Consider casting a wide net, as not every influencer may be jumping at the opportunity to work with you. It’s a hard pill to swallow, but the truth is that these partnerships should benefit both parties.
Not everyone is going to love you, but the ones that do are going to be able to share their authentic experiences in a genuine way with their followers, which is what you want. Try to welcome the rejection. It helps you get one step closer to that perfect match.
Refine Your Process
Your system will probably evolve as you start to complete and track your campaign efforts. Your should routinely update your pool of influencers as you track campaign progress and document their performance. Be mindful of feedback as you work with your team and partnerships to help you adjust your system as needed.
Your campaigns are going to change with the needs of the brand, which means you are constantly selecting influencers. You want to stay open to new people and opportunities that can help you routinely meet your campaign goals, and sometimes the influencers from your last campaign are not going to be the best choice.
Be sure to document progress, concerns, and more with each influencer to help you determine if you want to continue working with that person or if you’d rather bring in someone new for the next campaign.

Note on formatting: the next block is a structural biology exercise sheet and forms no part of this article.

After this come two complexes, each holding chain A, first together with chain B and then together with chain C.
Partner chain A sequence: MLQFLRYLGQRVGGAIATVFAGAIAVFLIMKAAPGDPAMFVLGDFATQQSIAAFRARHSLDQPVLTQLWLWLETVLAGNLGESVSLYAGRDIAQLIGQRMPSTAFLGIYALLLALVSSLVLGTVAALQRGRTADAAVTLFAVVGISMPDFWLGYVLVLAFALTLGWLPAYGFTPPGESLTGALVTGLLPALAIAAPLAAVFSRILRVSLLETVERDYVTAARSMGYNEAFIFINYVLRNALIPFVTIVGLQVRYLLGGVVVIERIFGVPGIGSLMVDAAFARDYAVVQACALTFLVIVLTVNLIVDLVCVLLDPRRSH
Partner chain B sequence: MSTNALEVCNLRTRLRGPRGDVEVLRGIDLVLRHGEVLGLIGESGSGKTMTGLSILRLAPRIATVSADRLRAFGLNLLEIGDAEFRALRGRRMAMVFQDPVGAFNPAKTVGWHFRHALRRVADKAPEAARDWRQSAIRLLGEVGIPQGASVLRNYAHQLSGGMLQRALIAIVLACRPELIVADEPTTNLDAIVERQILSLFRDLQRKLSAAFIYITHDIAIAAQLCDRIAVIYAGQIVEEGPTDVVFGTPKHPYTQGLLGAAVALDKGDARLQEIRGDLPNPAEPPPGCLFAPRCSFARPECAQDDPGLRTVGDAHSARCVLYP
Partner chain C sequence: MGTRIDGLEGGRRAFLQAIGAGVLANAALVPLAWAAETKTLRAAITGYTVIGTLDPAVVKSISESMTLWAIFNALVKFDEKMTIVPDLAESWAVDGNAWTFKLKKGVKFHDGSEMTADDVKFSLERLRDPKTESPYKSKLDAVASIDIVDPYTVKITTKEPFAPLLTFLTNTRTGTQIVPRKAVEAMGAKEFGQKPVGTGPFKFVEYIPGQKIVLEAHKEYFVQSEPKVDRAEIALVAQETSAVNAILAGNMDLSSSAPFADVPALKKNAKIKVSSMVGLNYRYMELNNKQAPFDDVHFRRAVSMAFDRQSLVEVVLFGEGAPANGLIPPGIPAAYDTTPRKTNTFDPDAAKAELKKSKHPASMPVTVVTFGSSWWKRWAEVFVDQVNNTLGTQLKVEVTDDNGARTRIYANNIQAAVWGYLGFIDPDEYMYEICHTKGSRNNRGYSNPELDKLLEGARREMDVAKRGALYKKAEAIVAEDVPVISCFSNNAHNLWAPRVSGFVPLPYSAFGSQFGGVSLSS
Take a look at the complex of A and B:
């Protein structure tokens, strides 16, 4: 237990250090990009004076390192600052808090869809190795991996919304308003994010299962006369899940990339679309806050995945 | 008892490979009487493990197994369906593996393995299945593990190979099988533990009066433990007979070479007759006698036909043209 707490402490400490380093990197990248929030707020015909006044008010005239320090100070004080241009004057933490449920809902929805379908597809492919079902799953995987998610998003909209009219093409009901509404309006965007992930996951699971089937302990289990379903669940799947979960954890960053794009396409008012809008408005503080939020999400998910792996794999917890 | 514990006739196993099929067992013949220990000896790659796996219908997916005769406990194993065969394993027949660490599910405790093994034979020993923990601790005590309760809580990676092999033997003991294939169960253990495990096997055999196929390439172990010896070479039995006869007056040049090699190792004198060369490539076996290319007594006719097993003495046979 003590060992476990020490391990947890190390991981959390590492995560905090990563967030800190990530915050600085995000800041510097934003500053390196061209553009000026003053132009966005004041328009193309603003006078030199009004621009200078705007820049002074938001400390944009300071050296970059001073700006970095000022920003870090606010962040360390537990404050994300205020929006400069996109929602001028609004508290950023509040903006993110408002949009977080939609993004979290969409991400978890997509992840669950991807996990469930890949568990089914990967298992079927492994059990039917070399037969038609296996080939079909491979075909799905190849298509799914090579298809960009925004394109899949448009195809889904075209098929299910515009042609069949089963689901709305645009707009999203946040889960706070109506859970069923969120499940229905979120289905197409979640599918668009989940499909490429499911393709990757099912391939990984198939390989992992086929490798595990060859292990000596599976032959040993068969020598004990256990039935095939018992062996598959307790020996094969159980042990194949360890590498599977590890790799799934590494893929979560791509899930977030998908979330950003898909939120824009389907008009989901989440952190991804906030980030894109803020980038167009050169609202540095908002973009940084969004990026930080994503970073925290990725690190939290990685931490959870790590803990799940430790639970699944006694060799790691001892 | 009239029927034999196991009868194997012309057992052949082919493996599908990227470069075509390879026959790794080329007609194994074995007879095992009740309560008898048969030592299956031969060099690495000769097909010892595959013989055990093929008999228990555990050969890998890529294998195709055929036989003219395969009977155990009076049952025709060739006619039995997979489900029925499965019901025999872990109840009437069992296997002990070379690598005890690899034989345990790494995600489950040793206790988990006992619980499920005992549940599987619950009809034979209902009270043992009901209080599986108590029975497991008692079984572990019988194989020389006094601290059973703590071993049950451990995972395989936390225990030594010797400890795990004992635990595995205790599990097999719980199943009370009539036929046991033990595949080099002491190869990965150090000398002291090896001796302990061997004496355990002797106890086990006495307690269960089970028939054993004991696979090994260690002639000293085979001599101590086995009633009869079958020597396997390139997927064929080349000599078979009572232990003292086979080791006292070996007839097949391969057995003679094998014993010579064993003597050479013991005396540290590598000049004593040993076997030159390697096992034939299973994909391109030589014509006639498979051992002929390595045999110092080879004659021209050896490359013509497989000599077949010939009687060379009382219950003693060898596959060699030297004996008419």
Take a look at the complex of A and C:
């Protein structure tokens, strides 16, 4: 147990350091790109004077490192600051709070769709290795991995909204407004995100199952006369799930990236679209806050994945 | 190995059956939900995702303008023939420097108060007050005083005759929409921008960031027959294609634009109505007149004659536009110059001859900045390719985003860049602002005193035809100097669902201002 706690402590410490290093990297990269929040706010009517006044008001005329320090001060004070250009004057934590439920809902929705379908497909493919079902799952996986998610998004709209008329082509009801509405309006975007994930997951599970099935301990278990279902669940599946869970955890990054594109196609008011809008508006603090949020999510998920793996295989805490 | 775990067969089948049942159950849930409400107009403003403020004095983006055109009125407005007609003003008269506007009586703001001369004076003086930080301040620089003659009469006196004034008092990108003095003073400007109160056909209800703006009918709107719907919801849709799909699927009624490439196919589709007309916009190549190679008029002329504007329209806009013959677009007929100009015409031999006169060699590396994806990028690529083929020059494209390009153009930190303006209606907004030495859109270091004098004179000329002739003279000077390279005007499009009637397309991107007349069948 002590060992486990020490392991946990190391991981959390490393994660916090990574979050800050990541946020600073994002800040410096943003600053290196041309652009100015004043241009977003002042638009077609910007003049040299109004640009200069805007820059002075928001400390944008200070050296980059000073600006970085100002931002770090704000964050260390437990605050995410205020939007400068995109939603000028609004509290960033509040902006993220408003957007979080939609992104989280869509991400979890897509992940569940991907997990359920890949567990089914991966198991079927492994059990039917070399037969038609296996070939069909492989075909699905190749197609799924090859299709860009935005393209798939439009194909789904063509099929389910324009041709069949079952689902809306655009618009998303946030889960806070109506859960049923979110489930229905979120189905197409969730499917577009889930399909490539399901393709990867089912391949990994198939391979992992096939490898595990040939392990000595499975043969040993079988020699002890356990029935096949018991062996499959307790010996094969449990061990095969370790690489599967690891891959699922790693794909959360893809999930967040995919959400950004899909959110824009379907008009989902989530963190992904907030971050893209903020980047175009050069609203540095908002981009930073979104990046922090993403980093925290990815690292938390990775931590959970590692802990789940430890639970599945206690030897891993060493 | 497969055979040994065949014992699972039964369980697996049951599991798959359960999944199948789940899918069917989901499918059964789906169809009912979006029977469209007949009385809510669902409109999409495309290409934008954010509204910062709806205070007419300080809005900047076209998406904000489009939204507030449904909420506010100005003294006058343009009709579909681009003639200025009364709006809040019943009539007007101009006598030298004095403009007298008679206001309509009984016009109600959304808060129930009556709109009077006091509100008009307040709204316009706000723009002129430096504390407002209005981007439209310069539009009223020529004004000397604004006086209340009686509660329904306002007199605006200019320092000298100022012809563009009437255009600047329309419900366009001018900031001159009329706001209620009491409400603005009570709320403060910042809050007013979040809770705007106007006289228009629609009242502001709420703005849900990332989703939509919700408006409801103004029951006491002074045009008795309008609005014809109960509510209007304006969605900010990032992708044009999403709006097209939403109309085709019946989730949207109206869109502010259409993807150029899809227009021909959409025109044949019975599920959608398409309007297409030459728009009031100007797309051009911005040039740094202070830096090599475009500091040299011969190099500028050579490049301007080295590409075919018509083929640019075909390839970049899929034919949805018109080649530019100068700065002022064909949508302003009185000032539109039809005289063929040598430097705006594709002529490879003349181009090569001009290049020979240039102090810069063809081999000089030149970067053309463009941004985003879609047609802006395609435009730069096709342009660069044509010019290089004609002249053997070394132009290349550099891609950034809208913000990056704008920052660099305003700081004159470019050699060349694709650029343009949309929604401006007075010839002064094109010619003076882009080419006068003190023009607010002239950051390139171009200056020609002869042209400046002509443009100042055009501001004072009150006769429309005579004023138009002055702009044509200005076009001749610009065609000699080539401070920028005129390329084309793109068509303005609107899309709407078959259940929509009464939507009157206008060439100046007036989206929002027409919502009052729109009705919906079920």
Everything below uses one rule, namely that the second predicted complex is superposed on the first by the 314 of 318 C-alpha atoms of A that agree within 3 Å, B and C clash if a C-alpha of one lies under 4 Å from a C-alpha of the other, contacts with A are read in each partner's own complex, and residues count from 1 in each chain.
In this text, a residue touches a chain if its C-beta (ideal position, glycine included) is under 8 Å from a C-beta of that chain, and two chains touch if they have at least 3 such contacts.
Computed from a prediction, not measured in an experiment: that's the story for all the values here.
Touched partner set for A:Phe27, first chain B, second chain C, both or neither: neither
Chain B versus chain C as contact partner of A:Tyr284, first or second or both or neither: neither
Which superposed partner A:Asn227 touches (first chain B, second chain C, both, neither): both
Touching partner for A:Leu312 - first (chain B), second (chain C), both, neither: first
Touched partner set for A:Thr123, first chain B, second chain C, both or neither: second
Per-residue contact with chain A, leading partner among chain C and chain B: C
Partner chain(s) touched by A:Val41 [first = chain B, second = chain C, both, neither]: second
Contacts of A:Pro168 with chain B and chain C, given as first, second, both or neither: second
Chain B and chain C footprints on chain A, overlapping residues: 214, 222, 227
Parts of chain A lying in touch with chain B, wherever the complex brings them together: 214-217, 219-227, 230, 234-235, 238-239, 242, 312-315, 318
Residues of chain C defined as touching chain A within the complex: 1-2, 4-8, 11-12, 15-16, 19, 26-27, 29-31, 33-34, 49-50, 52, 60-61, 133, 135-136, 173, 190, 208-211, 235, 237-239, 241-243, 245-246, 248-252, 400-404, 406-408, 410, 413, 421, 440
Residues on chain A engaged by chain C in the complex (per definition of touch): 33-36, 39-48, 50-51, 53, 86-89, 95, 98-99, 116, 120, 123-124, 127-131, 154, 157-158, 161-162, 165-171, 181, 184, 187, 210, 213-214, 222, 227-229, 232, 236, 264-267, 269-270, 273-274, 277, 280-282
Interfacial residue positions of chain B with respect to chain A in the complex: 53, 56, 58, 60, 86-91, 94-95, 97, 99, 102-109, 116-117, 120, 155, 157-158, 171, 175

Treat Influencers as More Than a Number
While influencers are a hot commodity for everyone’s marketing efforts, they also don’t always like to be treated like just a number. As you build and foster these relationships, consider small adjustments you can make at the beginning of your selection process that can help the partnership feel more special and intimate. This can encourage more interest on the influencer’s part as they can feel more invested as you interact with them as a representative of the brand.
If the budget doesn’t allow for additional gifts or more pay, look to handwritten notes or kind words in your interactions to deepen their emotional connection to the brand.
Final Thoughts on Influencer Selection
Remember, falling in love takes time. Your approach is going to have a significant impact on how the influencer views the brand, and you want them to fall madly in love. Focus on consistently nurturing the relationship to help breed better content for the brand. Love doesn’t always happen over night, but keeping all of the above in mind can lead to harmonious partnerships.